But then there must have been an earnest nighttime conversation that Lucy and Aidan didn’t hear, for with fall’s unleaving Kelli stopped stopping by.
Still his sister cried for hours on end. Wherever she could in her room, Lucy hung old photographs of Karen from high school yearbooks, from the scrapbook “Our Wedding,” from the obituary in the Omaha World-Herald. She researched her mother’s injuries and hung up a framed poster on “The Anatomy of the Brain.” She reread her mother’s handwritten sentiments in the birthday cards she’d collected over the years and constructed a kind of shrine around a snapshot from her mother’s fortieth birthday party; the one where Karen Manion smiled as she held up a small plastic Cessna airplane in her right hand, and in her left a gift certificate for flying lessons. Wedged in a corner of the photograph was a slip of paper on which Lucy had written: “I will not leave you orphaned…. John 14:18.”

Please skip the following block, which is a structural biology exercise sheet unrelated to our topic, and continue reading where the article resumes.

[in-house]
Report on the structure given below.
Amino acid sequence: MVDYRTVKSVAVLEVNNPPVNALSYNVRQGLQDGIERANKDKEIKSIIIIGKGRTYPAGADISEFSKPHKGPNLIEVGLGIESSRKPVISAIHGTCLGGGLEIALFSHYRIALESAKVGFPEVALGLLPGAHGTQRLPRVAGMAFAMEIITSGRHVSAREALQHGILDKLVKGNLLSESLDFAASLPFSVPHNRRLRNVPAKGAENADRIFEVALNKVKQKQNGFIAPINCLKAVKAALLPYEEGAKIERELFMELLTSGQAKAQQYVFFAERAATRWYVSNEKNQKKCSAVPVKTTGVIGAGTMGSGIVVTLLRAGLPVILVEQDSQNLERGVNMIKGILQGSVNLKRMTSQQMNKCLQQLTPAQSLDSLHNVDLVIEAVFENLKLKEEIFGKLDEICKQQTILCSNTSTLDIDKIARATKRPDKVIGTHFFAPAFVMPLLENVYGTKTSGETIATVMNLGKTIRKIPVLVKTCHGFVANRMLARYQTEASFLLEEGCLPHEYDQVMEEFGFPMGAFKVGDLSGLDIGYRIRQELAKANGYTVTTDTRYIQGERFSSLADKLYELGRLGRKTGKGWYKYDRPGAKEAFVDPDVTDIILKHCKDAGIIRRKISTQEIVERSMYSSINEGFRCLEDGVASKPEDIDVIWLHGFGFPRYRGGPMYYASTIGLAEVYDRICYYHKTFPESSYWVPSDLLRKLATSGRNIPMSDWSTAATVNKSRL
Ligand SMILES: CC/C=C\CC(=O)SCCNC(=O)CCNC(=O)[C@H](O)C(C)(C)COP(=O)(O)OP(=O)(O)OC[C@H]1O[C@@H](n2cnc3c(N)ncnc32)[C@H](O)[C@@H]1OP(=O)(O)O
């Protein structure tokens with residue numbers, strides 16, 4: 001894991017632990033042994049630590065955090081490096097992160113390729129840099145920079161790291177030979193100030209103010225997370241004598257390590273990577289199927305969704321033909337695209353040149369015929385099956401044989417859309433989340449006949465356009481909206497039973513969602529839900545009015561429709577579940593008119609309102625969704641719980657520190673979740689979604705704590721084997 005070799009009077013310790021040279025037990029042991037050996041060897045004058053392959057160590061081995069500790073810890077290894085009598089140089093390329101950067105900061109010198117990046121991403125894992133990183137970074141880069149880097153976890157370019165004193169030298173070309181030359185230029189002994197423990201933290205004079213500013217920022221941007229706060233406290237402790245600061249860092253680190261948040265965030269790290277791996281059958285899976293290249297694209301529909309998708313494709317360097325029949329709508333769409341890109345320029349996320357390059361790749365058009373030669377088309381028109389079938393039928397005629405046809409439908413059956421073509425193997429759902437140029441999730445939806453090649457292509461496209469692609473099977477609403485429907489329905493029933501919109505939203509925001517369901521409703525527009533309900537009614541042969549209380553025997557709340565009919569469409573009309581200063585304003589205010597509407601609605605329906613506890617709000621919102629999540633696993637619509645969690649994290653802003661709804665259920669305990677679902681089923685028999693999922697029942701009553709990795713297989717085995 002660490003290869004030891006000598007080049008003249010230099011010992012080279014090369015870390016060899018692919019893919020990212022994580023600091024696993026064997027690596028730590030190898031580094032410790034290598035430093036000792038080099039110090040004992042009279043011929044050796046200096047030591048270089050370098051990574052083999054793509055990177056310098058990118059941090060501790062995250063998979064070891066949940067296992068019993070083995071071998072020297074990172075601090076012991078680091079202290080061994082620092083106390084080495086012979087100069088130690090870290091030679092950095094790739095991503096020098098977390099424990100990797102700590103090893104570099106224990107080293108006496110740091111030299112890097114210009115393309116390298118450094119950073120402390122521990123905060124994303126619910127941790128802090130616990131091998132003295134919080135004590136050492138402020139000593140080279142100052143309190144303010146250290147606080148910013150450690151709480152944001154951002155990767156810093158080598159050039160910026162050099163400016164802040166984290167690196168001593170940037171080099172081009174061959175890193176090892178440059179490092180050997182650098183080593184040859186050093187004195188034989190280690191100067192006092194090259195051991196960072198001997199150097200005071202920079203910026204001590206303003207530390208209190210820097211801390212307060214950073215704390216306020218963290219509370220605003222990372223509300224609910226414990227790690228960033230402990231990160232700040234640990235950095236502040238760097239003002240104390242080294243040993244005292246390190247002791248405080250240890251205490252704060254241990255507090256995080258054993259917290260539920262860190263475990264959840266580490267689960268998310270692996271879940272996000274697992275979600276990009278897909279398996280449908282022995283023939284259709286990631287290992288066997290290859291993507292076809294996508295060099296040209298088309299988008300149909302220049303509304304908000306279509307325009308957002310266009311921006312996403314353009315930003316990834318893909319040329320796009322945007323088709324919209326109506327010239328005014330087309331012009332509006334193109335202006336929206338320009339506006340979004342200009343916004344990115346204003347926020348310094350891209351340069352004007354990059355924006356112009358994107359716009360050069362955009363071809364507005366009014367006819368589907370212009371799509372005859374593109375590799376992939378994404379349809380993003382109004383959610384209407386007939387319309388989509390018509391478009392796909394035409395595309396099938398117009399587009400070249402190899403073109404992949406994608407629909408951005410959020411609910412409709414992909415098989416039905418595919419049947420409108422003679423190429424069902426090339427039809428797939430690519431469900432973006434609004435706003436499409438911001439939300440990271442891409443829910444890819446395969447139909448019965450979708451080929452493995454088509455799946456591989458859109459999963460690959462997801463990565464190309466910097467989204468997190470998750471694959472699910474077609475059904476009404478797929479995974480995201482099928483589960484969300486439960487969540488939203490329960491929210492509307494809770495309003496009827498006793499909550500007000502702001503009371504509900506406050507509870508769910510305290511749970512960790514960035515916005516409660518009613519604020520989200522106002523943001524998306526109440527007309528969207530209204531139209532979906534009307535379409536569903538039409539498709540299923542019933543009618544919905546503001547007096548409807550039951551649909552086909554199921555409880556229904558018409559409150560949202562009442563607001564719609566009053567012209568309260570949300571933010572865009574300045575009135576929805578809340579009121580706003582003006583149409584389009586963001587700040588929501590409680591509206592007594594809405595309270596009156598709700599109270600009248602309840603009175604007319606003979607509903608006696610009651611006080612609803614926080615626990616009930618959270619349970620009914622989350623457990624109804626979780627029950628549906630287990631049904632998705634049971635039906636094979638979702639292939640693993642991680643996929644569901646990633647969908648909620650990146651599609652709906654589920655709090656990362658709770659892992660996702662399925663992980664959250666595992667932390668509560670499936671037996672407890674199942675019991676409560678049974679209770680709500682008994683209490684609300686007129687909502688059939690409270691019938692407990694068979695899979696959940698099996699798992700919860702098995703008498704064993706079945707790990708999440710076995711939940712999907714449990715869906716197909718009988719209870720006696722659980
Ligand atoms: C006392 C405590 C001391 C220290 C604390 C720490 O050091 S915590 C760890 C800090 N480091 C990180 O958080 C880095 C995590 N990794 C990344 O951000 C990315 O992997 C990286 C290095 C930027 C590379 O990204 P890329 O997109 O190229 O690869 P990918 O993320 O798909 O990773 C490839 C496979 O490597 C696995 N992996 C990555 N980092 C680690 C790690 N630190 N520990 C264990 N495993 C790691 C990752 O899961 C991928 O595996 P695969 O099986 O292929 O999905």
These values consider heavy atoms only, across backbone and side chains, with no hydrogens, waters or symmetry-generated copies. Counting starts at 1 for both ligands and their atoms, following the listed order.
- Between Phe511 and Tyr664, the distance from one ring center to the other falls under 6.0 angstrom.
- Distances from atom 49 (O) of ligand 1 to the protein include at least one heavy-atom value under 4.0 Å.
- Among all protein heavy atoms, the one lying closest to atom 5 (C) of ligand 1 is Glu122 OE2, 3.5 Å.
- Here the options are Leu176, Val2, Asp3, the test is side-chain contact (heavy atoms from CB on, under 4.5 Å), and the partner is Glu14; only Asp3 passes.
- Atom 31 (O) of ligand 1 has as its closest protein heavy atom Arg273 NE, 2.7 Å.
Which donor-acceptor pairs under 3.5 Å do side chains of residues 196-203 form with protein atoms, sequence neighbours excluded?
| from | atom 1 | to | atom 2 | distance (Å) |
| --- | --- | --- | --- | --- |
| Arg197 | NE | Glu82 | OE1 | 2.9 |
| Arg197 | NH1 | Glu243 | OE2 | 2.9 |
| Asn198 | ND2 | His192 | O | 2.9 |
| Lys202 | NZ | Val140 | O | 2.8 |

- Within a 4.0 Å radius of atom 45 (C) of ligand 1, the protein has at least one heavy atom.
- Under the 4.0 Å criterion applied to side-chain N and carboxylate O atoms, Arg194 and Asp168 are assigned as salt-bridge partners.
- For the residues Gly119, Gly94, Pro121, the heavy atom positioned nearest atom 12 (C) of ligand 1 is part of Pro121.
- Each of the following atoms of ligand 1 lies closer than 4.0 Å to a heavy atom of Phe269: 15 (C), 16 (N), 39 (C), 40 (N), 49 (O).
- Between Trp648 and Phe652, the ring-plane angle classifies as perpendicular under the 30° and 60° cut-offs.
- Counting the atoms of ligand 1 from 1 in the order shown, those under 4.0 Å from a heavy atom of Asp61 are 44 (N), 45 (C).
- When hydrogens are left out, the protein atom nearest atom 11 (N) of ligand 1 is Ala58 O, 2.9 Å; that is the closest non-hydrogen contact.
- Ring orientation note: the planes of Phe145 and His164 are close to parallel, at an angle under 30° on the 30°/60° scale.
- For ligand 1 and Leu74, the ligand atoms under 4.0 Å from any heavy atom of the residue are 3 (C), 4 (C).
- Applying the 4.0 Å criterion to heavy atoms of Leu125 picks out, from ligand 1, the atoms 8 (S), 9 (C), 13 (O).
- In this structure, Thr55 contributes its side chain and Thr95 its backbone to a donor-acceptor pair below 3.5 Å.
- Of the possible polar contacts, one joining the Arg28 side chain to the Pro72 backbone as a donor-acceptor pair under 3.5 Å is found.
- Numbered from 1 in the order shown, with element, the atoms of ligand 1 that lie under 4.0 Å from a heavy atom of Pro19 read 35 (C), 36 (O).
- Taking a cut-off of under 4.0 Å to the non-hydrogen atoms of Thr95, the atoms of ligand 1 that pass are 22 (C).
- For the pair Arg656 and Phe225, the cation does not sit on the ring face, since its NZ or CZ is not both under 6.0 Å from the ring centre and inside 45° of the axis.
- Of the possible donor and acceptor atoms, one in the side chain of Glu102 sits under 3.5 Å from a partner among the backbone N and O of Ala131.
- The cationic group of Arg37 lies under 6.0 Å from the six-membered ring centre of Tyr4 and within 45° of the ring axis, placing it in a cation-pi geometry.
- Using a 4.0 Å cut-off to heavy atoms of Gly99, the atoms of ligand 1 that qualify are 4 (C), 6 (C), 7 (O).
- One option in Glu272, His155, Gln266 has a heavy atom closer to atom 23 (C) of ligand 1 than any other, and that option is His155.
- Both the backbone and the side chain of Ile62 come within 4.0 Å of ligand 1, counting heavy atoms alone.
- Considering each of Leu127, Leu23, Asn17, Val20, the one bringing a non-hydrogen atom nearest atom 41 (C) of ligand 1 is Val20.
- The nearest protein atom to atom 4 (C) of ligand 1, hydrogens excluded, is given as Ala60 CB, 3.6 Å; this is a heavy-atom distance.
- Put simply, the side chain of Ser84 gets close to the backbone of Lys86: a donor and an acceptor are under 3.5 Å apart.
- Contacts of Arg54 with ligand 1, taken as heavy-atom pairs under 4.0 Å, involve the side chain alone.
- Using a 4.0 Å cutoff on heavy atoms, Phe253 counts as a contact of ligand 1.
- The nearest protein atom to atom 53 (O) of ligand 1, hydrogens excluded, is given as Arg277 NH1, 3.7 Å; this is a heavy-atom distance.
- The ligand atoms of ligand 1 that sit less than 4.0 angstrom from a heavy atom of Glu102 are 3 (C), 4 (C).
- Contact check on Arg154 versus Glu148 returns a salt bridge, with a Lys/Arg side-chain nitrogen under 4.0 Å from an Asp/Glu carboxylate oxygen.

Lucy lost weight. She forgot tests and homework. Wouldn’t answer Molly’s phone calls. She confided in her father, shared errands with him, and flew into his embrace when he got home from work, as if she’d been storing up those tears. She said she often dreamed about her mother and gladly reported the dreams at breakfast, but neither Aidan nor her father could invent the correct reply. Out of the blue she told Aidan once, “She wants you to sign up for sixth-grade basketball. She says you’ll be good at it.” And then she wept and fell into him and Aidan held her as his father did, patting her jerking back awkwardly, but not saying “There, there.”